Noticing a tank approaching the bridge, I alerted Sergeant Smith of the antitank squad.  We watched as it slowly crossed the bridge. Just as it left the bridge, my antitank gun fired, but unfortunately caused no damage.  The tank overran our gun crew position and the German infantry followed close behind.

Now the Germans were in Stavelot and my company was in trouble.  How I wished my company had the explosives capable of destroying the Ambleve River Bridge.  At least we could have slowed the German advance more effectively!  My troops did their best as we fought street by street.  Private Lee Galloway hit one of the German tanks with a bazooka, and so badly frightened the driver that he backed his tank into a building, causing bricks and stones to come crushing down upon the tank, stopping it and blocking the street.  Lieutenant James, commander of the 3rd Platoon came up with a squad of his men to assist us and was killed by a fragment of shrapnel.  Lieutenant Wheelwright was appointed to command the platoon.

Upon receiving a message from battalion headquarters to evacuate Stavelot and set up a new position on high ground near the road to Spa, I began to try to gather my troops for departure.  The confusion was tremendous; we were under constant shelling.  I ran all over the area as I tried to get information to all units by radio and/or word of mouth that we were to leave Stavelot and proceed toward Spa.

Those men, who could, returned to their half-tracks and proceeded in orderly fashion to retreat as ordered.  However, many of the vehicles missed the road to Spa and proceeded instead toward Malmedy. Two half-tracks, one of which was an antitank half-track, and their men, including Lieutenant Wheelwright, and I in my jeep, driven by Sergeant Jack Mocnik proceeded toward Spa up the Francorchamps road.

We had progressed approximately a mile when we came to a huge gasoline dump.  Realizing the additional fuel would be a boon to the German troops, Lieutenant Wheelwright and I decided to try to destroy it by igniting it.  Since two German tanks, which we could hear slowly laboring up the hill behind us, had followed us out of town we needed to take immediate action.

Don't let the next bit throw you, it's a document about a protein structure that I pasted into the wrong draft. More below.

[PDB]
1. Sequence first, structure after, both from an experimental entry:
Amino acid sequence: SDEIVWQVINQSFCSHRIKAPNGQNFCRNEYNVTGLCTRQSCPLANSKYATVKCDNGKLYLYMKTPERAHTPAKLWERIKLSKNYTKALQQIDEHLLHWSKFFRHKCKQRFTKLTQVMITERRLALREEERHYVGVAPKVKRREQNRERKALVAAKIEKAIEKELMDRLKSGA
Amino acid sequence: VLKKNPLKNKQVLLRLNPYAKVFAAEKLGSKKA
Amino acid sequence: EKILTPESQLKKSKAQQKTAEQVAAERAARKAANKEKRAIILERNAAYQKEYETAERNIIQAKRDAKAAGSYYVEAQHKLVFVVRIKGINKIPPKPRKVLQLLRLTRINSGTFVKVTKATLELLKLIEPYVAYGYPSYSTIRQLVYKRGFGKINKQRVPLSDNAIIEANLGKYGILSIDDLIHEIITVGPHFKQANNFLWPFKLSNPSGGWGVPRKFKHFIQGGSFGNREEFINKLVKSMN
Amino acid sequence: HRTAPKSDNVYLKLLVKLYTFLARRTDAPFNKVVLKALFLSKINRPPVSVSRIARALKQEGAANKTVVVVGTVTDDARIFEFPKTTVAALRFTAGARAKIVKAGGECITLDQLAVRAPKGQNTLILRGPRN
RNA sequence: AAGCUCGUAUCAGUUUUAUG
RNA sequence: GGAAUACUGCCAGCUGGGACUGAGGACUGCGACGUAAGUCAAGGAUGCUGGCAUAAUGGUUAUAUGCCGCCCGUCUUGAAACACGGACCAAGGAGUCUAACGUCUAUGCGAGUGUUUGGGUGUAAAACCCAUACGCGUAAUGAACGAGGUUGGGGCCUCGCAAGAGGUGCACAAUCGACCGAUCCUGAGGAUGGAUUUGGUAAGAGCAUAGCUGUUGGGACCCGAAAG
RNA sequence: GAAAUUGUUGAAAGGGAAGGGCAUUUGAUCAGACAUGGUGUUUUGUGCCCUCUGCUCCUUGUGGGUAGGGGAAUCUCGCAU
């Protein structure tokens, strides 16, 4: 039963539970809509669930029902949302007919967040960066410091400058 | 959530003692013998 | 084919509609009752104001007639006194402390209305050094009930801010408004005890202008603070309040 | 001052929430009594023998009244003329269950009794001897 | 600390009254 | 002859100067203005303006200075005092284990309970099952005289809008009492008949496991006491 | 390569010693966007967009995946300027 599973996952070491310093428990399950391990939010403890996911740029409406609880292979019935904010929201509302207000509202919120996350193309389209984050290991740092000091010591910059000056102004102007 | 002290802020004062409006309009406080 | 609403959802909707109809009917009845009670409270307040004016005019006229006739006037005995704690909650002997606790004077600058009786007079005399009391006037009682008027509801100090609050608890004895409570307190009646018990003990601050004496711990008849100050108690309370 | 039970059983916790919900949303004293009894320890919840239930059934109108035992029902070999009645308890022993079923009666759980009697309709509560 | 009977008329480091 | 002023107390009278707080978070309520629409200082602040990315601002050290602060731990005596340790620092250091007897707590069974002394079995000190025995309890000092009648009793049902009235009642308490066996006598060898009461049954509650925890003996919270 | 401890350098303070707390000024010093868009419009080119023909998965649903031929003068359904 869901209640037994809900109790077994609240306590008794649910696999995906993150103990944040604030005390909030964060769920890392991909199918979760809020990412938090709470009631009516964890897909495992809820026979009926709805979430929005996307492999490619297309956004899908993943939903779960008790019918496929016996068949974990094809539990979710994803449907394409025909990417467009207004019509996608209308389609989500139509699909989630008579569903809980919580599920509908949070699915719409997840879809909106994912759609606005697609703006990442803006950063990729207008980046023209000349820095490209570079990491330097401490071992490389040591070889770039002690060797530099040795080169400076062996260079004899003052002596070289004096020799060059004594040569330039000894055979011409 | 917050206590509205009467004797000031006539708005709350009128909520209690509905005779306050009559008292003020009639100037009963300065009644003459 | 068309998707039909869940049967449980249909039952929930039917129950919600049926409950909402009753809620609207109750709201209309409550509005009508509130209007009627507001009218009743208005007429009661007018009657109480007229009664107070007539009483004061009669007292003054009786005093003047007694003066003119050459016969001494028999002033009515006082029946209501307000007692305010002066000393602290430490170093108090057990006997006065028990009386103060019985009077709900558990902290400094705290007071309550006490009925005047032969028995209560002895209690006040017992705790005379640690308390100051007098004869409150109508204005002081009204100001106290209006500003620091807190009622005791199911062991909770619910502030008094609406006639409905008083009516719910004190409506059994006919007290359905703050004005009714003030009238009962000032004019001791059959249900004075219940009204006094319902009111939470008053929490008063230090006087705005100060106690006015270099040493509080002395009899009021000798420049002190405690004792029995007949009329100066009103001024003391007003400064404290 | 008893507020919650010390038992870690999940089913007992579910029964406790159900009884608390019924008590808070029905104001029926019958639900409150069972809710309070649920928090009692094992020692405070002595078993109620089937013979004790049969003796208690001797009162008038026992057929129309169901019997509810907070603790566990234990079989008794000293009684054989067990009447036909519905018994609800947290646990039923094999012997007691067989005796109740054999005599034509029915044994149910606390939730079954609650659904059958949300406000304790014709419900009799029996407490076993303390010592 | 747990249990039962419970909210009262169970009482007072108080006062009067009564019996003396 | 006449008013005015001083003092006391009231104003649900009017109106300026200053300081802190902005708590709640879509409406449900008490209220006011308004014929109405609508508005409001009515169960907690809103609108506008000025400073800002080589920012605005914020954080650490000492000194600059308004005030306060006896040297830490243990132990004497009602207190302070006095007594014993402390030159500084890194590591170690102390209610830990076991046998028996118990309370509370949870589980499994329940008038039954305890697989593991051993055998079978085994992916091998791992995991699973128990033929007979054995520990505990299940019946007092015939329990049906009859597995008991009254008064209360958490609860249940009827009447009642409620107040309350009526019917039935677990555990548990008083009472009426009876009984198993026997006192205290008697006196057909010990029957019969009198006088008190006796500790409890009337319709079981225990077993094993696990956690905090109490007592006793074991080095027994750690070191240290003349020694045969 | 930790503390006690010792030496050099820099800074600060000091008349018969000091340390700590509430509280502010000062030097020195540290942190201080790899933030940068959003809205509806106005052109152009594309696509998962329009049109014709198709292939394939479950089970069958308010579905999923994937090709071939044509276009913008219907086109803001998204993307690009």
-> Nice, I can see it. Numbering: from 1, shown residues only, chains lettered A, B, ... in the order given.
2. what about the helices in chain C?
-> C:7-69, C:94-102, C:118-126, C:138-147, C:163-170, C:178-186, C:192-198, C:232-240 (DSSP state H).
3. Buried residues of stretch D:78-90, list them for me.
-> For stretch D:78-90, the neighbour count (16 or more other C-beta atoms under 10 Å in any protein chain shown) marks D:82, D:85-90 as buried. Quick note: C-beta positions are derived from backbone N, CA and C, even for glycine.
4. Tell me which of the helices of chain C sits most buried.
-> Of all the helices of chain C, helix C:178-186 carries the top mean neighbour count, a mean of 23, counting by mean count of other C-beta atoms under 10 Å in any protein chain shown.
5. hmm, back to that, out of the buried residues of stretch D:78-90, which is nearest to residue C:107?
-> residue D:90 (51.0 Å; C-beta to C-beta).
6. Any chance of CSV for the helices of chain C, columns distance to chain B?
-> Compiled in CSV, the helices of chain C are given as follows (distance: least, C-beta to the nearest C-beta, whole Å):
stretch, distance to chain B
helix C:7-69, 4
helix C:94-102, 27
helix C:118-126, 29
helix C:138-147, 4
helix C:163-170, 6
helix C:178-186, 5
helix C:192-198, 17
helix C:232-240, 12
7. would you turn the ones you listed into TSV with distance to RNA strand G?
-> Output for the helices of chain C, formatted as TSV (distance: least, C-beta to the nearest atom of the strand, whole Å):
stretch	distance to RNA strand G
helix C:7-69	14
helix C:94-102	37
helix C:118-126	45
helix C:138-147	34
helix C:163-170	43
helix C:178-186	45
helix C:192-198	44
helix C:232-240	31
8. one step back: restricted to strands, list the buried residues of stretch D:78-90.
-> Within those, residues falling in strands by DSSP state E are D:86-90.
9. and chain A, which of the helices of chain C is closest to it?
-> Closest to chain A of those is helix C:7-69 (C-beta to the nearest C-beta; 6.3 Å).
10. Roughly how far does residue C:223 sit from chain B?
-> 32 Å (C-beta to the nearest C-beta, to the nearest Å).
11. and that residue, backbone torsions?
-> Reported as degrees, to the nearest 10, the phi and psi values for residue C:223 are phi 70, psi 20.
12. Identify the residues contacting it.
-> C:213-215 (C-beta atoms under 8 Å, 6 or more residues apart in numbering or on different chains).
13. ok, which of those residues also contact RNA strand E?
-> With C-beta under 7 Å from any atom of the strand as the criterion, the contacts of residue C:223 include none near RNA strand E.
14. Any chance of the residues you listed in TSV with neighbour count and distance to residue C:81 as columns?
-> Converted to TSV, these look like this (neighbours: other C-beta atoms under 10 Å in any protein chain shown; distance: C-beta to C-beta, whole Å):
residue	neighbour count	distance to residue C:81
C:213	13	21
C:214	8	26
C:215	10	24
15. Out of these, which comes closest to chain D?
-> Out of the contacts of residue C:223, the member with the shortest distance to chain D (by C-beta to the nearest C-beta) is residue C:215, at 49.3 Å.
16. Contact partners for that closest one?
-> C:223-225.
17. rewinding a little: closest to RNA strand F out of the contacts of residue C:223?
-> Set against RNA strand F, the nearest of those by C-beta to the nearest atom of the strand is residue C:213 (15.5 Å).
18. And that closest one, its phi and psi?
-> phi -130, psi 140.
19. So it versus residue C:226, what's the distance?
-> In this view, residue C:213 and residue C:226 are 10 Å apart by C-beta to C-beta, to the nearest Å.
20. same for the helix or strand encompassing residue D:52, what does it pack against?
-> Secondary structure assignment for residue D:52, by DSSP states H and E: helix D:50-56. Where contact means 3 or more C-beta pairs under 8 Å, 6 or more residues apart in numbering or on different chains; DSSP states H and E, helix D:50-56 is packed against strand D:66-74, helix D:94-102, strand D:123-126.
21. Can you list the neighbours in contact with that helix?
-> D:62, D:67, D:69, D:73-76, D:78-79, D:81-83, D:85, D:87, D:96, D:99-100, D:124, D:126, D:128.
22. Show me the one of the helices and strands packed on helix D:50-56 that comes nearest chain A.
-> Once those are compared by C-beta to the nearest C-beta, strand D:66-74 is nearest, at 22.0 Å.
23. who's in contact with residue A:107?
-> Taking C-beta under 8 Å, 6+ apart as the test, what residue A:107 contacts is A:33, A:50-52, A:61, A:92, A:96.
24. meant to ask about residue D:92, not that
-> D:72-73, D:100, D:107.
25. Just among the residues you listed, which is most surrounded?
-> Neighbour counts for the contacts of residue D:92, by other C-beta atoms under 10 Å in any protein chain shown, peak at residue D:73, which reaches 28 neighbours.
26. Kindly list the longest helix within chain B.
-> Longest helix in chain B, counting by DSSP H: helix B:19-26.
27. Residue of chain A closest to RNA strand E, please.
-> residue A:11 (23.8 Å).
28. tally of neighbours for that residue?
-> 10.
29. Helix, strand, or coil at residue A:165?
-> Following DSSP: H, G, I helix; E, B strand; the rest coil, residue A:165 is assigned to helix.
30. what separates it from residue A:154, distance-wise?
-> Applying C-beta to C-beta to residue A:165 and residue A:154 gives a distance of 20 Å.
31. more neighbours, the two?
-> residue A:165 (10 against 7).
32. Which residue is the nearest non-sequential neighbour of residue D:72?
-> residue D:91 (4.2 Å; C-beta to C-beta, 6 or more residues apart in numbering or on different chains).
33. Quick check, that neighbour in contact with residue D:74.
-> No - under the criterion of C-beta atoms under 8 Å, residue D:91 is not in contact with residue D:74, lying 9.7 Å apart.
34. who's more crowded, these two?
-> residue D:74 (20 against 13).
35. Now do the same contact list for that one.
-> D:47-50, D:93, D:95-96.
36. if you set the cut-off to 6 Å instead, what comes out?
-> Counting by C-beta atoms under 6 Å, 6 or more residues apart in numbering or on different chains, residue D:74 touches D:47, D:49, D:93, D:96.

We first deployed the men on either side of the road and set up the 57mm AT gun in the woods.  We then fired a machine gun into the gasoline, which was stacked in five-gallon containers on the left side of the road as far as the eye could see.  It did not ignite.  The German tanks were now in sight.  One of the men then ran to the dump, quickly opened a can of the fuel and ran with it to our position, spilling it out as he ran.  A lighted match provided the necessary spark to set the dump on fire.  The first tank saw the fire and turned around; the second tank followed.

Sometime later, hearing activity in the woods behind us, we feared we were surrounded by German troops.  Frantically we tried to change our position until one of the men shouted: "American troops"!  It was the 1st Battalion, 117th Regiment of the 30th Infantry Division under the command of Lieutenant Colonel Robert E. Frankland.  Major Solis was accompanying these troops.

Since I was there, I know that this unit, Company "A" of the 526th Armored Infantry Battalion, conducted itself in a most courageous and fearless manner.  I feel the men's attention to orders and their actions as a result of those orders were exemplary.  These brave men performed above and beyond the line of duty.  They disregarded the risk of injury and death in order to accomplish their purpose.  For those who died we can only say to their families that they died in a most courageous effort to fulfill their duties as American soldiers.

To those people who live to tell the tall, I would like to express my great admiration for the individual and collective courage of each man of this organization, which was baptized by fire and emerged with a record enviable by any seasoned group of troops.

Capt Charles A. MITCHELL

"A" Company

526th Armored Infantry



Battle of the Bulge,